Opinion: The rise and fall of Scott Tucker and other payday lenders is a sobering Kansas City story

Illegal lending financed Scott Tucker’s motorsports activities, authorities allege.
Illegal lending financed Scott Tucker’s motorsports activities, authorities allege.

Two area businessmen and a lawyer who became very rich very quickly by tricking low-income consumers with sky-high fees and interest rates on online loans finally face criminal charges.

About the time Scott Tucker, Richard Moseley and lawyer Timothy Muir were making court appearances in this area on Wednesday, officials in New York unsealed indictments describing elaborate usury schemes that took place openly and in polite society in Kansas City.

“The Tucker Payday Lending Organization was an organized criminal group with leadership based in Overland Park, Kan., and that operated throughout the United States,” one indictment stated.

About Moseley, FBI official Diego Rodriguez said in a press statement, “This case is an example of predatory lending at its finest.”

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At its worst, actually. The federal indictments detail huge enterprises that for years got away with making loans to people in desperate circumstances, then claiming much more than the value of the loans in interest and fees.

And they aren’t the only ones. Tucker’s early success in Internet lending spurred a host of copycat businesses in this area.

The boom years saw a number of newly rich lenders purchasing Johnson County mansions and luxury vehicles. The ill-gotten riches even flowed into Catholic parish and school projects.

In August 2013, U.S. Reps. Kevin Yoder of Kansas and Blaine Luetkemeyer of Missouri were lead signers of a letter to then-U.S. Attorney General Eric Holder, protesting his efforts to stop banks from processing online payday loans. Not surprisingly, both GOP congressmen, as well as Republican U.S. Rep. Lynn Jenkins of Kansas, are among the top House recipients of payday loan donations.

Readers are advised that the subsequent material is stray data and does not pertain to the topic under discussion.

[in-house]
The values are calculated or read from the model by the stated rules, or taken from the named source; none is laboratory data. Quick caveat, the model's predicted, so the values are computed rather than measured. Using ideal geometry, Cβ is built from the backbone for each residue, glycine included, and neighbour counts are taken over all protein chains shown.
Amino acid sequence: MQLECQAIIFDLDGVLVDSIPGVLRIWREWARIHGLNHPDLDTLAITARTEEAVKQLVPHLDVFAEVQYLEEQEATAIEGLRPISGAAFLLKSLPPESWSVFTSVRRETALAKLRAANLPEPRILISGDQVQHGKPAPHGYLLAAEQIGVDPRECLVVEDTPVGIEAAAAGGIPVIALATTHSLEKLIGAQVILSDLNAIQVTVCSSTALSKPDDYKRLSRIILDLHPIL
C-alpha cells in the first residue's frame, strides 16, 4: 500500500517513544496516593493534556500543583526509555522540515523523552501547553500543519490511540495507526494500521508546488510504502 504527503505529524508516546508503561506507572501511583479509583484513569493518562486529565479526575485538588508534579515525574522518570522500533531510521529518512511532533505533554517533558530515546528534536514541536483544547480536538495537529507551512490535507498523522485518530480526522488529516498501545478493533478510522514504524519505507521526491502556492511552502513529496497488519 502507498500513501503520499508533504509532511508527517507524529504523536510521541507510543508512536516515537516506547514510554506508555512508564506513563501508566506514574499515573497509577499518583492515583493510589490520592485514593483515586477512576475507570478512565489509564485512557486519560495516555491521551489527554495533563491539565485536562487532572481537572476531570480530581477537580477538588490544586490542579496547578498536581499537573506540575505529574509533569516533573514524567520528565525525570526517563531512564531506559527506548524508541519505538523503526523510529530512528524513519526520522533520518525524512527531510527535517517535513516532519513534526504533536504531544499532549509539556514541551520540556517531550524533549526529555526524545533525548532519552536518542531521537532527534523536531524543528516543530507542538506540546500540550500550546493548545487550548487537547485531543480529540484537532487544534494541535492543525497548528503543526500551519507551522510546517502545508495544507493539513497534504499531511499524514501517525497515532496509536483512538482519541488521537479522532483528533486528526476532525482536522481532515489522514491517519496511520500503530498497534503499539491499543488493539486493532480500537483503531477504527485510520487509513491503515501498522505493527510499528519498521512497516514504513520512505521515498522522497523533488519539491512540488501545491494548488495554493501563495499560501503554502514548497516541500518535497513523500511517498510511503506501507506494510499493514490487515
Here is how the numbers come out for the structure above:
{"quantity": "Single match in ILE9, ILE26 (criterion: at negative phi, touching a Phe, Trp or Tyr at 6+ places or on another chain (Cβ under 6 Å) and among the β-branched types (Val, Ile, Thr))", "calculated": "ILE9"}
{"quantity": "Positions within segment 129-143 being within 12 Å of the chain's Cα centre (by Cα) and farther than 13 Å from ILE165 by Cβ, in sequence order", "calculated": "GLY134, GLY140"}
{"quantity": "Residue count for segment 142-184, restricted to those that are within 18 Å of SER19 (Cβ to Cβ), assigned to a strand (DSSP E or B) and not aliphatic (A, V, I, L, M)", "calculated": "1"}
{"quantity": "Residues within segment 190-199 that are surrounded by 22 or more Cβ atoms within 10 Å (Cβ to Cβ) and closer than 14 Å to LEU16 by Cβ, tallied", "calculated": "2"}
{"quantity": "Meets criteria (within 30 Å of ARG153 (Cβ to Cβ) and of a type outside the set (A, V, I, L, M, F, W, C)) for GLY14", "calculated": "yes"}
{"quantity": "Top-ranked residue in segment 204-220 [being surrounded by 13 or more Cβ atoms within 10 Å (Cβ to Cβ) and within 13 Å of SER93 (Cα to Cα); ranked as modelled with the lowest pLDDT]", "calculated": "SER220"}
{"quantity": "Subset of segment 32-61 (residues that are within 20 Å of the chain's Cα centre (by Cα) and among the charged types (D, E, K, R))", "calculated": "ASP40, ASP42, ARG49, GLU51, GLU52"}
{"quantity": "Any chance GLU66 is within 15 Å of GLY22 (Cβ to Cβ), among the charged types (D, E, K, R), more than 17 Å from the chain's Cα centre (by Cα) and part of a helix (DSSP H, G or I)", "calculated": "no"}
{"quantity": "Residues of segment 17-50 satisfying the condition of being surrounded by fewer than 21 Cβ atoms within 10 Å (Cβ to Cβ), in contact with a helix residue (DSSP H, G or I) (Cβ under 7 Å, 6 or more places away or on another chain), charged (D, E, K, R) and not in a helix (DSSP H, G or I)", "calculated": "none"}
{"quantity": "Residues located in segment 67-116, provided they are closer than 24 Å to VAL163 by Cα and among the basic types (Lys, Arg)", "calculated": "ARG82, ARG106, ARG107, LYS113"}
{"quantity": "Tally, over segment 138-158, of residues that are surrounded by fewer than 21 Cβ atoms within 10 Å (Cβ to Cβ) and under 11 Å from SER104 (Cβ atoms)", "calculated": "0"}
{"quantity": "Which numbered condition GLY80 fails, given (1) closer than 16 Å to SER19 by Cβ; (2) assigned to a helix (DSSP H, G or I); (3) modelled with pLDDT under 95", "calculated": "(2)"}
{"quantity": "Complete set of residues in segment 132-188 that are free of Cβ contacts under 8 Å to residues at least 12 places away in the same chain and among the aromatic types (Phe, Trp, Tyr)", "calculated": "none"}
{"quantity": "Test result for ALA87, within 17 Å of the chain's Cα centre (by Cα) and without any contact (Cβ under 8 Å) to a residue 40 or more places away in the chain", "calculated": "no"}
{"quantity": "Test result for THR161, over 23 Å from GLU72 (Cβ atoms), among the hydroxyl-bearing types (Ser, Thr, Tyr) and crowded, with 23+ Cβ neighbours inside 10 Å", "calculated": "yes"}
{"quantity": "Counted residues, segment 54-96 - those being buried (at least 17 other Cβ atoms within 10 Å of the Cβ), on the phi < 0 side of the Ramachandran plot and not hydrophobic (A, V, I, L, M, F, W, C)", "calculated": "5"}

But nobody around Kansas City is flashing the largess of predatory lending these days. At least eight area businessmen, apart from Tucker and Moseley, are under investigation by federal agencies.

The noxious operations, which once employed hundreds of persons in the area, closed so quickly and quietly it was as though they evaporated.

The support structure that provided investment capital and technical expertise to the online lenders reportedly is seeking more legitimate opportunities in area start-up businesses.

The indictments of Tucker, Moseley and Muir, Tucker’s lawyer, shed light on the scale of the enterprises and why it took so long to hold people accountable.

Tucker and Muir ran a $2 billion business that Tucker started as early as 1997, authorities allege. It preyed on more than 4.5 million people. The business operated under a dizzying array of names. Tucker’s great scam was to convince Indian tribes to shield him by allowing him to represent himself as one of their “employees.” That enabled him to elude enforcement efforts of attorneys general in multiple states.

Moseley deceived about 600,000 persons with high-interest loans, the indictment against him alleges. He, too, operated his business under multiple names and he falsely claimed, even to his attorneys, that the loans were being made by employees stationed in Nevis, a Caribbean island, and New Zealand. The business was run from Kansas City.

A shocking allegation in the indictment is that many of the people Moseley is accused of defrauding never even asked for a loan. They provided some crucial information to a “lead generator” website, enabling the operation to get into their bank accounts and withdraw money.

Moseley, Tucker and Muir are accused of violating federal racketeering laws as well as the U.S. Truth in Lending Act. But they also broke usury laws in multiple states, officials allege.

One reason the indictments came out of the U.S. Attorney’s office in New York City is that New York has a criminal law setting a lending limit at 25 percent annual interest. With that stringent cap, authorities had no difficulty establishing that the online payday loan businesses were violating consumer protections.

Enforcement is more difficult in Kansas and especially Missouri, where the average annual interest rate on payday loans is an outrageous 455 percent.

Attorney General Chris Koster took action a year ago against an online loan operator who broke Missouri law by charging excessive fees and denying due legal process for collecting overdue costs. In general, though, payday lending is an open field in Missouri.

Federal authorities are now swooping in to seize what they claim are proceeds of the alleged crimes of Kansas City’s audacious online lenders. They are looking to clean out numerous bank accounts controlled by Tucker, as well as acquire his Colorado vacation home, six Ferrari race cars, four Porsche automobiles and a Learjet.

The collapse of Kansas City’s payday loan bubble under the squeeze of federal enforcement has broken up families and caused rifts in churches, country clubs and executive suites.

Too many people and institutions here were too quick to embrace the new “entrepreneurs” when they showed up with fancy cars and quick cash. Too many people didn’t want to think about the misery at the other end, as consumers were harassed to pay interest and fees they couldn’t possibly afford.

Now it’s payday, all right. And it should serve as a cautionary tale.

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